The moment when it became clear that Oklahoma’s domination of Texas on Monday night was no fluke came with 15:14 remaining in the second half. Sooners senior forward TaShawn Thomas drove to the basket and posterized Longhorns center Cameron Ridley with a forceful one-handed dunk to give Oklahoma a 24-point lead in what became a 70-49 road win.
That was also the moment when it became clear that the Sooners should be taken very seriously as a Big 12 title contender and perhaps even a Final Four threat.
Oklahoma’s win won’t generate as much buzz as some of the season’s other eye-opening outcomes, like Kentucky’s rout of Kansas or Duke’s win at Wisconsin, both of which came in the season’s first few weeks. Monday’s win could even play second fiddle to the other eye-opening win of the night, which was secured by No. 13 Notre Dame over No. 18 North Carolina in Chapel Hill.
But the 16th-ranked Sooners nonetheless issued a statement in blowing out the 10th-ranked Longhorns. They trailed only once, at 3-2, opened their first double-digit lead less than eight minutes into the game and after holding Texas to just 14 first-half points, its fewest ever in Big 12 play, never let the ‘Horns get any closer in the second half.
The Big 12 is the nation’s toughest and deepest conference this season -- six of its 10 teams are ranked -- and it will also be the nation’s most legitimate regular season conference race, as the 10-team league will enable the schools to play a traditional round-robin schedule by facing each league foe both at home and away.
That’s why Oklahoma’s road win will have resonance long after Ridley and the Longhorns recover from the embarrassment they suffered on Monday. By picking up a true road win to go with the home win they got over then-No. 22 Baylor last Saturday, the Sooners gave themselves an early leg up on the rest of the league.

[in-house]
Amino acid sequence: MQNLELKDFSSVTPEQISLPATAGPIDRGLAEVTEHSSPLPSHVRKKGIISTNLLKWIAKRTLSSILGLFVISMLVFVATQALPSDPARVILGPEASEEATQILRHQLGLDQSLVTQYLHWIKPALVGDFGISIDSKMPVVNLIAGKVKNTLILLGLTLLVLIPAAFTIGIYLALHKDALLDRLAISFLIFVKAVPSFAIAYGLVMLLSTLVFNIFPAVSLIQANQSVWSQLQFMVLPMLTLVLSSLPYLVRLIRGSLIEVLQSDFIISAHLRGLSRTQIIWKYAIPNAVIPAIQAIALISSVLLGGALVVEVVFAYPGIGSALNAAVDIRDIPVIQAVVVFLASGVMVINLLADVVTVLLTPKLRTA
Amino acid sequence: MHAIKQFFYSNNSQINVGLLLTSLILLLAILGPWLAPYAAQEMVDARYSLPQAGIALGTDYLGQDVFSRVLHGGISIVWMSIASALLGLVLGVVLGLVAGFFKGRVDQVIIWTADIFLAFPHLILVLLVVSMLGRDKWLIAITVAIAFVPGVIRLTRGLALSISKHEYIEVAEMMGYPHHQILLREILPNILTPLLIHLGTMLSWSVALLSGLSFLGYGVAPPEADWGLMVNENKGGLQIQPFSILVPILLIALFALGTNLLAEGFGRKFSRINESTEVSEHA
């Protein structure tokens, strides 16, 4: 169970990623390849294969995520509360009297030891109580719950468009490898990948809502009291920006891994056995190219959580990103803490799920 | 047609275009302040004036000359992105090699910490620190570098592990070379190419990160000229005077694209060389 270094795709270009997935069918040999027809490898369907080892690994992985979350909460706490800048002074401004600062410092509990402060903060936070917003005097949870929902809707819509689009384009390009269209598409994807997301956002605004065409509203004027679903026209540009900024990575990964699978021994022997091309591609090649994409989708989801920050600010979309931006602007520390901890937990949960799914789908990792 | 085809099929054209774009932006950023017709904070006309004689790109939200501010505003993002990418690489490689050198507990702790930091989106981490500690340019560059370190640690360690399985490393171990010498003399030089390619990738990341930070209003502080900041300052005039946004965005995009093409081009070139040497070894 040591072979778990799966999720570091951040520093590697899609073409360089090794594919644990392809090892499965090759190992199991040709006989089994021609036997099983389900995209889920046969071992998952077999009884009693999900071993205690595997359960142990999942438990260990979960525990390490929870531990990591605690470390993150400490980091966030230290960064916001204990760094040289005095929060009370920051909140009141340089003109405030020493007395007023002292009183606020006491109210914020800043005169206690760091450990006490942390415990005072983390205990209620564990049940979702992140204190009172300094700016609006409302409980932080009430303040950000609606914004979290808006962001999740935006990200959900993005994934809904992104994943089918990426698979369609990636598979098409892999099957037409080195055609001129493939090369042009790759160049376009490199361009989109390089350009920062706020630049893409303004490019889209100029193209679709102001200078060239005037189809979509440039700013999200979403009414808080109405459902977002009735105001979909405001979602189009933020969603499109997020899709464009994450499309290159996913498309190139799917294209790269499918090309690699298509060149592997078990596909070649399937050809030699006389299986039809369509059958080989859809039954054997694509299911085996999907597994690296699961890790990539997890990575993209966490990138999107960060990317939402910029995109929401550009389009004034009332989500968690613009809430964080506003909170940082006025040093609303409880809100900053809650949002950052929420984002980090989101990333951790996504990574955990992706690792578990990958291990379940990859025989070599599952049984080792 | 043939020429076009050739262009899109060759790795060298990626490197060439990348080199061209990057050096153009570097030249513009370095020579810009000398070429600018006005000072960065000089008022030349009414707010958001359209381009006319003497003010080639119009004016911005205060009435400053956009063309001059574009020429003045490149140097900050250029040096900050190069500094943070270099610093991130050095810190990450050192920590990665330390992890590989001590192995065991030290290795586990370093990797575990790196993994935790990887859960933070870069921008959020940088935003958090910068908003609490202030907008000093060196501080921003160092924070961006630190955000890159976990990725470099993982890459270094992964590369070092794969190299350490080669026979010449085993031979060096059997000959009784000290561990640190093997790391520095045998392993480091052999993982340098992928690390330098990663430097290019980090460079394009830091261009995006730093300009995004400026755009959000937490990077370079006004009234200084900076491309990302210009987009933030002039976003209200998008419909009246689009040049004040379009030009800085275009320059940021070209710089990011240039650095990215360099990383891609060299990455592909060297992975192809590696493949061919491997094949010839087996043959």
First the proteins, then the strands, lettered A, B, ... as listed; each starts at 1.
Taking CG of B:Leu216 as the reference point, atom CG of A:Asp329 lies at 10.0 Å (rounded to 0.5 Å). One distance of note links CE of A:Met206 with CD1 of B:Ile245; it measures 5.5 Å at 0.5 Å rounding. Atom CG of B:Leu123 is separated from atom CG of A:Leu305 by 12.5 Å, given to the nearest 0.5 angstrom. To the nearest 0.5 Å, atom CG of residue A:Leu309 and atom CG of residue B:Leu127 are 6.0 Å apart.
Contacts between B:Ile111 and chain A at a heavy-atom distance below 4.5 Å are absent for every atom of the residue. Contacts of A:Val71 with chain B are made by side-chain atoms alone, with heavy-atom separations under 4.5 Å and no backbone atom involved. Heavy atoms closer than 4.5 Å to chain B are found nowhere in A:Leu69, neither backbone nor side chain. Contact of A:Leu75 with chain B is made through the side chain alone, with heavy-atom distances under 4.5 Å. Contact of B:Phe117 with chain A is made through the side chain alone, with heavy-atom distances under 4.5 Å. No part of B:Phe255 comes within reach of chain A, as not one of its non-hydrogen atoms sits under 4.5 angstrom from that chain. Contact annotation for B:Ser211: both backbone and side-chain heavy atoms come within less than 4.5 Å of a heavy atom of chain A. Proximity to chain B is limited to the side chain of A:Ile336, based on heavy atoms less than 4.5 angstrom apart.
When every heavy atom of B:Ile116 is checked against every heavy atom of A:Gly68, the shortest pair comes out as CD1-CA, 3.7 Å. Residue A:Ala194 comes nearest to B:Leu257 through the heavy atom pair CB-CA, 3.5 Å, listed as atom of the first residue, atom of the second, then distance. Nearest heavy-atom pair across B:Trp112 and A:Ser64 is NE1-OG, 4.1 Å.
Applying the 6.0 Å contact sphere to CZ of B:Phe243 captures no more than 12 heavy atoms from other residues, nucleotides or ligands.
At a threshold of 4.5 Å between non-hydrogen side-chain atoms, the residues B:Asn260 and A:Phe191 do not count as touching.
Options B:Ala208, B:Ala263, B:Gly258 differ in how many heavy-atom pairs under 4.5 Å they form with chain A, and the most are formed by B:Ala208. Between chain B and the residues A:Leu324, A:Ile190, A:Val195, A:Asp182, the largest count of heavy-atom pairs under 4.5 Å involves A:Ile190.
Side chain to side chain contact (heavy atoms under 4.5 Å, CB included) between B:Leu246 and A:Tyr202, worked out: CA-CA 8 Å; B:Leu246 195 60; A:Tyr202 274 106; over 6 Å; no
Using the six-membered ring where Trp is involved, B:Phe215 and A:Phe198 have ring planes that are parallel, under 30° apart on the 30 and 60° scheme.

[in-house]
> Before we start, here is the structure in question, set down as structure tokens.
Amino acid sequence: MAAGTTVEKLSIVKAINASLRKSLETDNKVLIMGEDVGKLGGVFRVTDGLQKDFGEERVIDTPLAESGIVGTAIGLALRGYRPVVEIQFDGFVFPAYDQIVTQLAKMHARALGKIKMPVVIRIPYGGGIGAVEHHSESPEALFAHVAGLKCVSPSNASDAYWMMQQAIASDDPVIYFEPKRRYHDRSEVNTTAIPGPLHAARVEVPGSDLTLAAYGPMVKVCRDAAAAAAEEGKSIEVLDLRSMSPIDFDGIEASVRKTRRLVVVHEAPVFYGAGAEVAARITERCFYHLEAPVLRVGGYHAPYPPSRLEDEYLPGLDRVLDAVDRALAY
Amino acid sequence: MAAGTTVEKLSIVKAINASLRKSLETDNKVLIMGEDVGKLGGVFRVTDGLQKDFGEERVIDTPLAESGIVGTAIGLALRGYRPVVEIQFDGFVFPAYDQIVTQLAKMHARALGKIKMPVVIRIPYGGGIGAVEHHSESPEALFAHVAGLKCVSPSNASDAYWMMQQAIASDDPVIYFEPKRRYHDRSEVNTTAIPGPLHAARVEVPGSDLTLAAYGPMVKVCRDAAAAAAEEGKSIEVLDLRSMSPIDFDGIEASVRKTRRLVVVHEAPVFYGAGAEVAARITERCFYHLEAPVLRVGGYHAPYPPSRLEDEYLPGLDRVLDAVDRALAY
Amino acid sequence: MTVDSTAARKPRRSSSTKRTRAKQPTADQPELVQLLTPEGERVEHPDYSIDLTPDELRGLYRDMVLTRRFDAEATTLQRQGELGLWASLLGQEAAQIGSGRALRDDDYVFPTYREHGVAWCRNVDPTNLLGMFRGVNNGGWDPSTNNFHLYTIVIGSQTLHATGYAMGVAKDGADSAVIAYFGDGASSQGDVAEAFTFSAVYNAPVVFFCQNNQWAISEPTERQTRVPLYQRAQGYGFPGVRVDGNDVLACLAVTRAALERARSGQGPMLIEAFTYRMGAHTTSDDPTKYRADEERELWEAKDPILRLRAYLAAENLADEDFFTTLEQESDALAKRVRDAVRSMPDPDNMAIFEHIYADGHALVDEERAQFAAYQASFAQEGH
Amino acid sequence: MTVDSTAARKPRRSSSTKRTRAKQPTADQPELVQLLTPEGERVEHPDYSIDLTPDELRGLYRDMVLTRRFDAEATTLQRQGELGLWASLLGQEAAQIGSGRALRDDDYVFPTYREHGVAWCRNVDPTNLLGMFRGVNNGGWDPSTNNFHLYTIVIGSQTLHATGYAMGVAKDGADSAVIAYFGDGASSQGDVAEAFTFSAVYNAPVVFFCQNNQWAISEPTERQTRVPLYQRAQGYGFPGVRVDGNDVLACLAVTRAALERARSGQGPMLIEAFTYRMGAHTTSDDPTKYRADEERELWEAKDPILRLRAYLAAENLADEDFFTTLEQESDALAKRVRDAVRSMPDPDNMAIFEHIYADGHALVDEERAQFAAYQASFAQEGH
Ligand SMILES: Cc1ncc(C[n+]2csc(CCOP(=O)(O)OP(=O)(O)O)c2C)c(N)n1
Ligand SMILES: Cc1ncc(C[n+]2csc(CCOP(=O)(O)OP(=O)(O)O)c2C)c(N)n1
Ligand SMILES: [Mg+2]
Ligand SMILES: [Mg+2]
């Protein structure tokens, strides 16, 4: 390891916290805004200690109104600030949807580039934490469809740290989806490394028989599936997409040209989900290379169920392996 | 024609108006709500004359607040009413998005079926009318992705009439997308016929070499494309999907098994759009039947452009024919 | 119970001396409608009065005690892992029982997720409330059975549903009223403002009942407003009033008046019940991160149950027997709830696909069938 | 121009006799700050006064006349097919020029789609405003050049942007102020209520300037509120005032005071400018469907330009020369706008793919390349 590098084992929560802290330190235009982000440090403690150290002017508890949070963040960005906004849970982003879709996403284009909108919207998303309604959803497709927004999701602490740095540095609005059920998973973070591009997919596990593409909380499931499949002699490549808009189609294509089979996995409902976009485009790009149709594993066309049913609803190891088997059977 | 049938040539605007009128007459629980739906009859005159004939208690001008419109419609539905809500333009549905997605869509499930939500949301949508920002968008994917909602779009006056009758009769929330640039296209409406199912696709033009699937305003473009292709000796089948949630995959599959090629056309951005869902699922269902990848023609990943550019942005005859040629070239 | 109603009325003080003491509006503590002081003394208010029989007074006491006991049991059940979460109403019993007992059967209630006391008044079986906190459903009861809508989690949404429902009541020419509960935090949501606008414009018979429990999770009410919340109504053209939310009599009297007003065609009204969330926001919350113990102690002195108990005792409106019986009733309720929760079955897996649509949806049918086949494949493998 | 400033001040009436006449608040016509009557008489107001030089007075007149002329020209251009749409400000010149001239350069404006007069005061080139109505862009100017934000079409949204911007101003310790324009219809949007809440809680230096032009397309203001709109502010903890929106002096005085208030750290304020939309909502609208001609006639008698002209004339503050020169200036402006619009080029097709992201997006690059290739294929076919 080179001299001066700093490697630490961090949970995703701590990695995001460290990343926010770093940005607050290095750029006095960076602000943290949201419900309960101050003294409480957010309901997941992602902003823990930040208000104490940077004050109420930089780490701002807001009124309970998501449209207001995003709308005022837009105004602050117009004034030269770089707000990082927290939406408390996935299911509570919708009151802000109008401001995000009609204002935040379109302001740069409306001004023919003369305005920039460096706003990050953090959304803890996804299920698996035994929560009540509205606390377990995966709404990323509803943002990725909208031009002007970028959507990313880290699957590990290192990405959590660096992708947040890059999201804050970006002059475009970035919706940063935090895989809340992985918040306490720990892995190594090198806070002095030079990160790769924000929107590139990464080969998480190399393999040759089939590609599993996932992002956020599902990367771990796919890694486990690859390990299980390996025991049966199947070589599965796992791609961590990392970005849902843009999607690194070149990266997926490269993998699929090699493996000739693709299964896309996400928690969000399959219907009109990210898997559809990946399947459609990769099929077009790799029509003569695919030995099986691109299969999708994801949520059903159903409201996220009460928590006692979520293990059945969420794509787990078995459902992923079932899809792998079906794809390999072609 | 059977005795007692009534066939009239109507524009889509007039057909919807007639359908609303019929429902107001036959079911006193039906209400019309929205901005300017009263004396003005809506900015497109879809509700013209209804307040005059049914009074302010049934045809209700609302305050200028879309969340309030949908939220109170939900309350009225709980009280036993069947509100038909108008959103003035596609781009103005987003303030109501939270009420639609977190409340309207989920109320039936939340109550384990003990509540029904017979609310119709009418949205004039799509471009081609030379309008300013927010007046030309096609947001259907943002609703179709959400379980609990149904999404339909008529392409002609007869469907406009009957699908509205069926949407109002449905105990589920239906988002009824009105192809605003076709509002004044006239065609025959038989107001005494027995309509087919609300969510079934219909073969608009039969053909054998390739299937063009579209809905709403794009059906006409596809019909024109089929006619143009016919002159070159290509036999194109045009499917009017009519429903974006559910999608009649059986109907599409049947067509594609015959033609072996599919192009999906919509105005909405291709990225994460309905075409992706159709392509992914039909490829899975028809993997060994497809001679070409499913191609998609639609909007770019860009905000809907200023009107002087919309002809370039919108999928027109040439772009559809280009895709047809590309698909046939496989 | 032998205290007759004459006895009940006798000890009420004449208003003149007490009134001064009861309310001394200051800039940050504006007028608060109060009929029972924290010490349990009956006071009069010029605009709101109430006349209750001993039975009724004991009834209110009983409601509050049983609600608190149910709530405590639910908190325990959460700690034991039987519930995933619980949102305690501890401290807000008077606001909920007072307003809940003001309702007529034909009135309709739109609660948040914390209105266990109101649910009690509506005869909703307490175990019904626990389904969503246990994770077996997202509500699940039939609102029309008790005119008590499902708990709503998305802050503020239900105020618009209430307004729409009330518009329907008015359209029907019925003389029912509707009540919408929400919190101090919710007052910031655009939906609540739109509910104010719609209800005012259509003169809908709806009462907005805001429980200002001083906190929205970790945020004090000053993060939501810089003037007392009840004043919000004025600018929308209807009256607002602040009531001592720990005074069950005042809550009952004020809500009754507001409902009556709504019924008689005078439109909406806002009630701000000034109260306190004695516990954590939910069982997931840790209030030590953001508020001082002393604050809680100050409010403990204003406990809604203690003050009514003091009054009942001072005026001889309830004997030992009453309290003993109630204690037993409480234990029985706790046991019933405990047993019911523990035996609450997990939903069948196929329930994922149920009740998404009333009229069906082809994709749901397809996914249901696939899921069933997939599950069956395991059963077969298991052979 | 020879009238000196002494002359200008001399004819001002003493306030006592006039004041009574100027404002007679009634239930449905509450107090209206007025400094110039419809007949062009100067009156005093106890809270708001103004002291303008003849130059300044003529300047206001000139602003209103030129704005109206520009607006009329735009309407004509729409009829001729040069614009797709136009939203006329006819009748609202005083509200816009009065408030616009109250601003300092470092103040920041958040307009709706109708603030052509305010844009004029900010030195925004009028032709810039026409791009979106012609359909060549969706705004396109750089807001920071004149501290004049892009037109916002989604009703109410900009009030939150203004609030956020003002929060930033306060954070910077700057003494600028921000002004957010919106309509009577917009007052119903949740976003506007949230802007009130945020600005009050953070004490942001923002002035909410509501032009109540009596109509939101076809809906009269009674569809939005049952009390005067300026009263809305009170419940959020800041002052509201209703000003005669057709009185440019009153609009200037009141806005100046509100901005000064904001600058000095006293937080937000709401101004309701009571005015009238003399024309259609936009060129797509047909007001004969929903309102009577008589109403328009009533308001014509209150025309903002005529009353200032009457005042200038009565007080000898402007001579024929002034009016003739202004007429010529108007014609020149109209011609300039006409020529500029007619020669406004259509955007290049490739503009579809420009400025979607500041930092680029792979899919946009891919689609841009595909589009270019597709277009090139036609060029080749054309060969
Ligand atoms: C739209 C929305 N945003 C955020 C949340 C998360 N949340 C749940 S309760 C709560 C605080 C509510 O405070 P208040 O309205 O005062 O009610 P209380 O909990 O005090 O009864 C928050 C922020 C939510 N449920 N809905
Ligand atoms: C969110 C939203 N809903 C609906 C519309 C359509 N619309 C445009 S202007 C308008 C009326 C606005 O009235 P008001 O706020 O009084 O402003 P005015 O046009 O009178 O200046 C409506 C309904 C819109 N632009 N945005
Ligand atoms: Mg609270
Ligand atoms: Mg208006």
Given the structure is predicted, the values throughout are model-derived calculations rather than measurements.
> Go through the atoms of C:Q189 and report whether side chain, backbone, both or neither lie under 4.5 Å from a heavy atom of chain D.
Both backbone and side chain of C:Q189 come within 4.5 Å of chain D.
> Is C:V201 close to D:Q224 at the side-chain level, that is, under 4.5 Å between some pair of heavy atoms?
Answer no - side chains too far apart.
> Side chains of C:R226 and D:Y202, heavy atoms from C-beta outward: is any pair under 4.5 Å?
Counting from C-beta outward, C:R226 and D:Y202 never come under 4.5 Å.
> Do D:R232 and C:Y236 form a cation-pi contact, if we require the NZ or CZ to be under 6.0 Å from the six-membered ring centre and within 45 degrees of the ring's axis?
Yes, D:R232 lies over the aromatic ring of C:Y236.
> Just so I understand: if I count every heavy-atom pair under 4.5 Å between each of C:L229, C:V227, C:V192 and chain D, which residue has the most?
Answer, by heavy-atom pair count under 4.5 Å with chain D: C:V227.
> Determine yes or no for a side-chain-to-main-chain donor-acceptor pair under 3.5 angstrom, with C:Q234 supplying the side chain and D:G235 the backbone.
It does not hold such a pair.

That conference, of course, has been dominated by Kansas, which has won 10 straight regular season Big 12 crowns. But with that 32-point loss to Kentucky and a 25-point loss to Temple already on their ledger, it seems the Jayhawks have come back to the pack enough to make the conference race more interesting.
Texas was expected to be KU’s primary challenger, especially after getting senior point guard Isaiah Taylor back from a wrist injury last weekend. But he shot only 4-for-13 on Monday and is just 6-for-23 in two games since returning. If he is to regain his pre-injury form he’ll have to do it against a daunting schedule that includes a road game at Oklahoma State and then four games out of five against ranked opponents. By the time that gauntlet is over we’ll have a much better idea whether or not the Longhorns can challenge for the conference crown.
Oklahoma, meanwhile, might be the most overlooked team in the country. It entered the week ranked No. 16 by the AP but was 10th overall according to the adjusted offensive and defensive metrics at kenpom.com. Only one other team, North Carolina (No. 8 on KenPom, No. 18 in the poll), had a bigger discrepancy, and the Tar Heels proved again in their loss to Notre Dame that they are not as good as their computer numbers suggest. The Sooners, though, have proven to be even better. After Monday’s win their adjusted defensive efficiency is third-best in the nation, and they held Texas to 30 percent shooting on its home floor while also out-rebounding a frontline that puts the long in Longhorns.
Thomas contributed 11 of his team’s 42 rebounds, but it was his dunk on Monday that will be remembered as the game’s signature play. It was also the signature play of Oklahoma’s revival, as this is clearly the best Sooners team since Blake Griffin left Norman in 2009, having led OU to the Elite Eight.
Oklahoma hasn’t won an NCAA tournament game since, and if Thomas’ jam lacked the hangtime of what Griffin used to provide, it was at least as demonstrative, sending a simple message: the Sooners are back.